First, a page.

Furthermore, the small balls can be used and may remain in the machine until nothing is left of them-i. 6., until they are themselves entirely ground up-they remaining efficient until almost nothing is left, fresh balls being supplied from time to time, so that there is practically no loss in that respect, since the ground-up balls become gradually a part of the material disintegrated.
Machines constructed as above outlined have conclusively proved all that has been said in respect of their function and the amount of power saved as compared with drop-ball machines, and by reason of the com bination of elements described, and particularly owing to the small dimensions of the halls used, I have been enabled to increase the dimensions of the drum, and hence its capacity, to an extent such as would render drop-ball machines absolutely impracticable. Finally, I may state that owing to the scattering of the material throughout the drum during its revolution by the heaters the finelyground material is more readily separated anddriven through the foraminous portions of the drum by the centrifugal action and the airdrawn in than is the case in the wellknown drop-ball disintegrators where a forced draft or blast of air is required for this purpose.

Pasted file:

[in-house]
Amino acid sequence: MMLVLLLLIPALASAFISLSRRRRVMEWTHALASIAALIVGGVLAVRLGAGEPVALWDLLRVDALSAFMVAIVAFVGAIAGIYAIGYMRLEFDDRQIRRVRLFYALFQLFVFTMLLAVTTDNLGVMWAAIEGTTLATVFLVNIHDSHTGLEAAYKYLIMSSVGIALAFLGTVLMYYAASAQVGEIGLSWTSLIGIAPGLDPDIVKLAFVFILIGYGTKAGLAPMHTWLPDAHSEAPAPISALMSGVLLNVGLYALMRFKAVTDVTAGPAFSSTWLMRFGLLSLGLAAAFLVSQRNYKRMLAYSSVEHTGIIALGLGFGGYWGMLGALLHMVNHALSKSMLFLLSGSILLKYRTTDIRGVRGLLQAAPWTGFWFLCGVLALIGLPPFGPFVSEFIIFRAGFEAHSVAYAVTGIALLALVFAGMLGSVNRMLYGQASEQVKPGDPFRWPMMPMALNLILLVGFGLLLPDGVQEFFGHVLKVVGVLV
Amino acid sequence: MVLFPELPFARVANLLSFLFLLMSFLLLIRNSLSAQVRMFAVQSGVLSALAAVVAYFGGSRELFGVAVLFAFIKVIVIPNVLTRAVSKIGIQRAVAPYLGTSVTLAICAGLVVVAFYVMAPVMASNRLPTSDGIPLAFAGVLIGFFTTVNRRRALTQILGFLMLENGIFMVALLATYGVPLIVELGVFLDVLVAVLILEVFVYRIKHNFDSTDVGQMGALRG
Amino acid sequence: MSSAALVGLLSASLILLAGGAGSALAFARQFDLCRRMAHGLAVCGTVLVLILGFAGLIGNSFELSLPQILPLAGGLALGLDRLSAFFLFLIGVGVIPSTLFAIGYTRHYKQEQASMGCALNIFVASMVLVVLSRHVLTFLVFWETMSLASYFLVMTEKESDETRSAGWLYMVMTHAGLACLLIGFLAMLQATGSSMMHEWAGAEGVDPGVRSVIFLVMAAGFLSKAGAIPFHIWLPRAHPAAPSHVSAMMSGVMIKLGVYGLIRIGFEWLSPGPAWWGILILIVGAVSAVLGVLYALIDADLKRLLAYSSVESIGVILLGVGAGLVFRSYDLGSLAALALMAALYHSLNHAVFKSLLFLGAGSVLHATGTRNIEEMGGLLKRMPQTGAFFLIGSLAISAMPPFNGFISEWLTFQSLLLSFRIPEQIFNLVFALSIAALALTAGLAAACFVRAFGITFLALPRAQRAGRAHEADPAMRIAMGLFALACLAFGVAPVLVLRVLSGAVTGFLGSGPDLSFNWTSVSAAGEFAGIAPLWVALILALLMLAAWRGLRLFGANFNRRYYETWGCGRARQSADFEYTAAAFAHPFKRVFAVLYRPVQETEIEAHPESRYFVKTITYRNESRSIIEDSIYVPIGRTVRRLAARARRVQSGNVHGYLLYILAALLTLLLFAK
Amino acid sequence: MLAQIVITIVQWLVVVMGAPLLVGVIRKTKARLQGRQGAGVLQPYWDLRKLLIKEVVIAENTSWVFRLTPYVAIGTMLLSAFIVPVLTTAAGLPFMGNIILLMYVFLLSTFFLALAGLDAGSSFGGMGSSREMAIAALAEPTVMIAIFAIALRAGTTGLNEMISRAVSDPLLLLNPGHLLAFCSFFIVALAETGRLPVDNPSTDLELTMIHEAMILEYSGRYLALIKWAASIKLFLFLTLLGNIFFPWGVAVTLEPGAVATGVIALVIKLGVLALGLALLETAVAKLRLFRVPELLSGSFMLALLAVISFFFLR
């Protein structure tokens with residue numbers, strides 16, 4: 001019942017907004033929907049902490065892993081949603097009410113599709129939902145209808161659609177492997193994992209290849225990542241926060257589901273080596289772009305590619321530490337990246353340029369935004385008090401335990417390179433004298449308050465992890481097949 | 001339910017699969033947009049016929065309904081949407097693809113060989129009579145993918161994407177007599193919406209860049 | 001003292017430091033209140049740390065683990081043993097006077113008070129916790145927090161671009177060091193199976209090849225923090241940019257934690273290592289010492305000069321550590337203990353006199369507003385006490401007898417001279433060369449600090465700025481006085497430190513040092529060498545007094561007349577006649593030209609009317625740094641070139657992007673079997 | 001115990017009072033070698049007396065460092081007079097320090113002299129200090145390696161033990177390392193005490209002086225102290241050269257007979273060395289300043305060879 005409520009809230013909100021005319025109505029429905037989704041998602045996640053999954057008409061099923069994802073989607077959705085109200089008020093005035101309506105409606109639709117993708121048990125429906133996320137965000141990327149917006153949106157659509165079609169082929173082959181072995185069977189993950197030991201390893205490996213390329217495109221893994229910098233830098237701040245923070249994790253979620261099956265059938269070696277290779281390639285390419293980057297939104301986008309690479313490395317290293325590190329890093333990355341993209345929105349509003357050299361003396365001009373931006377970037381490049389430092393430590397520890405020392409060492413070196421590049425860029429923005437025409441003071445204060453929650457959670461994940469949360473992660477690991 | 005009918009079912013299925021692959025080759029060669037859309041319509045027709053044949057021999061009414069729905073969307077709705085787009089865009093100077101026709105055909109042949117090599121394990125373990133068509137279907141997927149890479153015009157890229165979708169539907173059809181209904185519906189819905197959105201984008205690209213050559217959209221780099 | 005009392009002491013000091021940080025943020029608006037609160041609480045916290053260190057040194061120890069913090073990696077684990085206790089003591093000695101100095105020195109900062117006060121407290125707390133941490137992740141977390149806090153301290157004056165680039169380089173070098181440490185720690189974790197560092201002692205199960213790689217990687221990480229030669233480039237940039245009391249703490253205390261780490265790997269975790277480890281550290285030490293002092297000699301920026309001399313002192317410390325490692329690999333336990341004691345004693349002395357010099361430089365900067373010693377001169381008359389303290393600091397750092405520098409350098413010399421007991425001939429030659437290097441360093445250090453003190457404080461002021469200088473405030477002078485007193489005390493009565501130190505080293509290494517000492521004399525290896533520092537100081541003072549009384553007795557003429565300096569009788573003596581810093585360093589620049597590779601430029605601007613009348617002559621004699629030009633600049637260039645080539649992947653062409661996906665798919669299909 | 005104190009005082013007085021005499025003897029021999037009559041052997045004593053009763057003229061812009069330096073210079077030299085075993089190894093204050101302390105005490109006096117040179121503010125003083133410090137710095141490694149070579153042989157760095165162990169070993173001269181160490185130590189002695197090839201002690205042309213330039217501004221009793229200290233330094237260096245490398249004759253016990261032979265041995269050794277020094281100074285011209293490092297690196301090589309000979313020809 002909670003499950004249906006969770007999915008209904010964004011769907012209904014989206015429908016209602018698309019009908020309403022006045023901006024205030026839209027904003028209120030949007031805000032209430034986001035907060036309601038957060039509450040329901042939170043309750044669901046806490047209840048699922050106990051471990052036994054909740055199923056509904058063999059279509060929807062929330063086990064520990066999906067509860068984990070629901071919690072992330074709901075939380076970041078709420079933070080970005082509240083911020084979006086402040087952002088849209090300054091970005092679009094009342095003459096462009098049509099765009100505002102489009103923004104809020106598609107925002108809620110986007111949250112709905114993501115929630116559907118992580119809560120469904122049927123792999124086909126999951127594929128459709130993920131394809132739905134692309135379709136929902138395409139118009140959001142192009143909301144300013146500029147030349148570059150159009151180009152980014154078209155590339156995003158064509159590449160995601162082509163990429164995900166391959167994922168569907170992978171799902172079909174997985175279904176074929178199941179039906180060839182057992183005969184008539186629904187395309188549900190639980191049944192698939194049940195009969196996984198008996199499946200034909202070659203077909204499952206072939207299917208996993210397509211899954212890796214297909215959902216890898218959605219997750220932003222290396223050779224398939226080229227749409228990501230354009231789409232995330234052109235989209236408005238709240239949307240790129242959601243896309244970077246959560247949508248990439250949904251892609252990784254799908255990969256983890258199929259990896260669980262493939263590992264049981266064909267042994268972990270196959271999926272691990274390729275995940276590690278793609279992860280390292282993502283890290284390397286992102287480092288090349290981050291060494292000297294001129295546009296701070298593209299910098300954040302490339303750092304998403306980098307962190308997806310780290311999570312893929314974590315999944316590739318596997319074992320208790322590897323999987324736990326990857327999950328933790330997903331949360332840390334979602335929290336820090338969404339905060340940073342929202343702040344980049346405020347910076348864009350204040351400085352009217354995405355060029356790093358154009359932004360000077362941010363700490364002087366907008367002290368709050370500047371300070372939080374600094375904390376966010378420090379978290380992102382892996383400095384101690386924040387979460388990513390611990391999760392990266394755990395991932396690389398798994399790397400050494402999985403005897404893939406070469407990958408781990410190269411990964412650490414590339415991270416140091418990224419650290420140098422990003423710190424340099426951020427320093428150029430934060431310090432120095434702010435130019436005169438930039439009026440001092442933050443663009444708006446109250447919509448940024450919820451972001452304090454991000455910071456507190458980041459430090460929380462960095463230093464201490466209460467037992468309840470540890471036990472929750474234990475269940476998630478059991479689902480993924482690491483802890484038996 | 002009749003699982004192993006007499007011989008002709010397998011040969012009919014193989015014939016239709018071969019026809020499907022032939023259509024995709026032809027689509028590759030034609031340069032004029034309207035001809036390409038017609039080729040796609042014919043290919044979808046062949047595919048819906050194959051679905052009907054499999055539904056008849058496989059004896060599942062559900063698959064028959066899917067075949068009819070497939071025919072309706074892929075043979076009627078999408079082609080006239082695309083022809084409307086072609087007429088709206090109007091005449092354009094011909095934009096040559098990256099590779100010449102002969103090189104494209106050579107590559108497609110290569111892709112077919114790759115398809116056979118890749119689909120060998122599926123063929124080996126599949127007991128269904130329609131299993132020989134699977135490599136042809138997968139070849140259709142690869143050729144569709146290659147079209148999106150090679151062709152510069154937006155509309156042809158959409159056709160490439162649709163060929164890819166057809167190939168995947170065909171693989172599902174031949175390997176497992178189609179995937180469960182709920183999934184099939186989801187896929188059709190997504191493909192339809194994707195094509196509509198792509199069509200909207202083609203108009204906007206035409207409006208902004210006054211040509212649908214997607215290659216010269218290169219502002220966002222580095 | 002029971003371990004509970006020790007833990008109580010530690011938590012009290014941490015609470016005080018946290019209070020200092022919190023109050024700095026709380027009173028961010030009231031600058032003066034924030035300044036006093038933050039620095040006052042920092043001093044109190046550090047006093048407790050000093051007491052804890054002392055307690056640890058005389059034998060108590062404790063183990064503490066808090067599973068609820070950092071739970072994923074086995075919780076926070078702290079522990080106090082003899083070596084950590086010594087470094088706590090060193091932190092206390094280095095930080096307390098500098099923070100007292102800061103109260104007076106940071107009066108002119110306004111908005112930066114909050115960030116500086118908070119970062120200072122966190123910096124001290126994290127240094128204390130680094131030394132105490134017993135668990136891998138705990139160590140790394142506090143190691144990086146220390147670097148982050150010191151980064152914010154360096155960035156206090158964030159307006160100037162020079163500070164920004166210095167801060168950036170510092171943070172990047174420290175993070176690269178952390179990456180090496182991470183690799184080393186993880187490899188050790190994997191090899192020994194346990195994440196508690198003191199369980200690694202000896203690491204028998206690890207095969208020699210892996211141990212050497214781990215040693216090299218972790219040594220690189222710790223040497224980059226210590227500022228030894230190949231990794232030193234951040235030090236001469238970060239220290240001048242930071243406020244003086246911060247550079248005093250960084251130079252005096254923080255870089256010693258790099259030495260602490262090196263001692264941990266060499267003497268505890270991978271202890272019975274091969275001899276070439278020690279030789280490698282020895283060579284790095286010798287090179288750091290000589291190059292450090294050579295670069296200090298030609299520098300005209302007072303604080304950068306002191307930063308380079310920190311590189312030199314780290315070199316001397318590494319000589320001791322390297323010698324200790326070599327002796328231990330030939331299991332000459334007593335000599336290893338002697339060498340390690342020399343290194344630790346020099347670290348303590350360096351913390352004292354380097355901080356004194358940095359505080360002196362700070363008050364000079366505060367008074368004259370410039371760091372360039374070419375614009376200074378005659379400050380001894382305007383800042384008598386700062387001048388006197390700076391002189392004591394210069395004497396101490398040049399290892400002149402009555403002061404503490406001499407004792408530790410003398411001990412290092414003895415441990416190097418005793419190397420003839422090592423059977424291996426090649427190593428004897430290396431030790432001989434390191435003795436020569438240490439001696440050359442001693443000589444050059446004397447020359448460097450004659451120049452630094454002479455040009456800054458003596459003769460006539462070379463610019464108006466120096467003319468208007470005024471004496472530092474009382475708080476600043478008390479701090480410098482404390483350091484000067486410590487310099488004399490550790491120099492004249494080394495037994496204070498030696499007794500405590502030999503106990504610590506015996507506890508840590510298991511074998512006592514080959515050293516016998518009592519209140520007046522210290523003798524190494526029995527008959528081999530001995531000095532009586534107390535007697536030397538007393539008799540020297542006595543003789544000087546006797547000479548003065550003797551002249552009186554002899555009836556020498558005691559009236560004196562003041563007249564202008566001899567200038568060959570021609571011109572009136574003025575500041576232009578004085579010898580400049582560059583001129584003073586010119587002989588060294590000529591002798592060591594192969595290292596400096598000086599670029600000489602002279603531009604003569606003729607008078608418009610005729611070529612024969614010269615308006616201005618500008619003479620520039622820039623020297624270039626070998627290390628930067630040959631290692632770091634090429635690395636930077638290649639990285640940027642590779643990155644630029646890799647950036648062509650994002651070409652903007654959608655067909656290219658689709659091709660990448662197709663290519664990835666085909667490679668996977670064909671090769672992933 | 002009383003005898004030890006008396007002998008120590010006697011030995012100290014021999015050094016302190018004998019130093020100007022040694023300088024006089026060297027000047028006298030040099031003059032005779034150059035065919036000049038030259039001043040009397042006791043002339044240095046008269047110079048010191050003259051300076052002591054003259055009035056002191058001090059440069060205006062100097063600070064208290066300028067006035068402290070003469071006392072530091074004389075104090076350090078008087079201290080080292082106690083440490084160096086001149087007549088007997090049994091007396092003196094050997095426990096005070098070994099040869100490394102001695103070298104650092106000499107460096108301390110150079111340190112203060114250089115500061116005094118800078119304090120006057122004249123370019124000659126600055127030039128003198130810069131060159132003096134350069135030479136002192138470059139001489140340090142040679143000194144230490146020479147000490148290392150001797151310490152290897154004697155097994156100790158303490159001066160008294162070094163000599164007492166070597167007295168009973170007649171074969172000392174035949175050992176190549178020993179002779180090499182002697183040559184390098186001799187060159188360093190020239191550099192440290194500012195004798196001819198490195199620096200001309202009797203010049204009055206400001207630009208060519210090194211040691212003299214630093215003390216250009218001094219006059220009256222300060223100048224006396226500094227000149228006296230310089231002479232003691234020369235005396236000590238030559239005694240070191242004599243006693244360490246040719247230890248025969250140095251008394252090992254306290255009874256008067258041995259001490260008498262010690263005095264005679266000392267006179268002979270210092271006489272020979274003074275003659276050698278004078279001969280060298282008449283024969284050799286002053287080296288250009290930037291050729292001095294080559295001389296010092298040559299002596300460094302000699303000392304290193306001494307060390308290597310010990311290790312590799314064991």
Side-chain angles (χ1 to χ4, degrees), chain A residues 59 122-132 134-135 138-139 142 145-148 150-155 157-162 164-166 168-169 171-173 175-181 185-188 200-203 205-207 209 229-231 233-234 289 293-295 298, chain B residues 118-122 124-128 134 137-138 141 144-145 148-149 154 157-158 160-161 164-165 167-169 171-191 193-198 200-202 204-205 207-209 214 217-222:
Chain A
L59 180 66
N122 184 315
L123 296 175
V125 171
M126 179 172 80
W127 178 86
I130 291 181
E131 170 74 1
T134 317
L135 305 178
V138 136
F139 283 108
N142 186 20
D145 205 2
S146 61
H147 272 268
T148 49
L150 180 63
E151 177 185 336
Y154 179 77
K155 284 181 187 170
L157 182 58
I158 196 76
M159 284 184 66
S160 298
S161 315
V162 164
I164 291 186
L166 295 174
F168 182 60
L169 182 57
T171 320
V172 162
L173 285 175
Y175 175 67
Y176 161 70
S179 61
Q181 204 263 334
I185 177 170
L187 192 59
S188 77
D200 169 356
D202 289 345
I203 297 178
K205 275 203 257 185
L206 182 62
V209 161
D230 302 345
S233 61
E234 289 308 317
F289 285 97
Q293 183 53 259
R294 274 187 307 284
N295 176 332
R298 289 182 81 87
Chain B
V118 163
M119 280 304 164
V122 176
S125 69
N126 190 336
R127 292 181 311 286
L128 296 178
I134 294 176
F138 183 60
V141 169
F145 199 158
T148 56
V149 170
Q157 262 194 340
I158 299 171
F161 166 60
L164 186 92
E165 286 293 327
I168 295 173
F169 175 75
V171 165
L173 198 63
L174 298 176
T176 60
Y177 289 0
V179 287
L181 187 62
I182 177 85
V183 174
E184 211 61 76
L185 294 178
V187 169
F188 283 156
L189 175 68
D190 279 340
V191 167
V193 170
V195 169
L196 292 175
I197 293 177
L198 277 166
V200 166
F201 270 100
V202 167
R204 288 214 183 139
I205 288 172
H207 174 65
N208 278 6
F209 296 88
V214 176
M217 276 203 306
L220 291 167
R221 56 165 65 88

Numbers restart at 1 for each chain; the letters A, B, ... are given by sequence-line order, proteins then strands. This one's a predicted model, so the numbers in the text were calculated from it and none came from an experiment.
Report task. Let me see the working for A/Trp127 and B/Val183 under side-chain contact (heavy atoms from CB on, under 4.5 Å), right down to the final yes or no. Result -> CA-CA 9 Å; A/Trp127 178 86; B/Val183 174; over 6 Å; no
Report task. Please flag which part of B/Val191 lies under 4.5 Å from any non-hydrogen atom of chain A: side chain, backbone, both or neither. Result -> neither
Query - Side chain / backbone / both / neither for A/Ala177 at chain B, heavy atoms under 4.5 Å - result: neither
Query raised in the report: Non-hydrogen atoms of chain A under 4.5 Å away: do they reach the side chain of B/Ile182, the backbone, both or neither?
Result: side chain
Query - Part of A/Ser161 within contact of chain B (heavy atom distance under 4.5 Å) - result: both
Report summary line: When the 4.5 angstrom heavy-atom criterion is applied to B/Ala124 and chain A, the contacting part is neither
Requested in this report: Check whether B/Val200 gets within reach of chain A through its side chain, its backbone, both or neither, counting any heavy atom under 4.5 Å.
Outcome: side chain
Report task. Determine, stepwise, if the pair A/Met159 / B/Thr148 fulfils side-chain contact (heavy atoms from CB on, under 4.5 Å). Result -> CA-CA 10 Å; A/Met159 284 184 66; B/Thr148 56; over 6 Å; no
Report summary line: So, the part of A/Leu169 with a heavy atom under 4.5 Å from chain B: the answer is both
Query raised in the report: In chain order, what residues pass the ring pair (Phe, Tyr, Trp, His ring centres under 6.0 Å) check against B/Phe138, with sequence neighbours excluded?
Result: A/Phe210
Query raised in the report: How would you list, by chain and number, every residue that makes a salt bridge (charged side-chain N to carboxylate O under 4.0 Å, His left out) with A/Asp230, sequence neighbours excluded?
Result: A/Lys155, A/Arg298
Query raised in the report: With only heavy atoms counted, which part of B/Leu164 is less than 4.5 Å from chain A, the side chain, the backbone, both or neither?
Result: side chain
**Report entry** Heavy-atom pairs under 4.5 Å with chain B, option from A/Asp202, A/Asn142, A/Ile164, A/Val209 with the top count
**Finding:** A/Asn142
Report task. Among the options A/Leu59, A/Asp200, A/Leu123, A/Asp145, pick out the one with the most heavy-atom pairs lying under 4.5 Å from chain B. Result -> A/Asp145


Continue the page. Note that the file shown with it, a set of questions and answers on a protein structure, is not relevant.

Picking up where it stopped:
That my invention may be fully understood, I will describe the same in detail, reference being had to the accompanying drawings, in which- Figures 1 and 2 are vertical sections at right angles to each other, the section Fig. 1 being taken on line II II of Fig. 2 and that of Fig. 2 on line I I of Fig. 1 of a disintegratingmachine embodying my invention. Fig. 3 is a vertical section taken on line IV IV of Fig. 4, which latter is a like section taken on line III III of Fig. 3; and Fig. 5 is a top plan view of the machine shown in Fig. 3, said Figs. 3 to 5 illustrating certain structural modifications.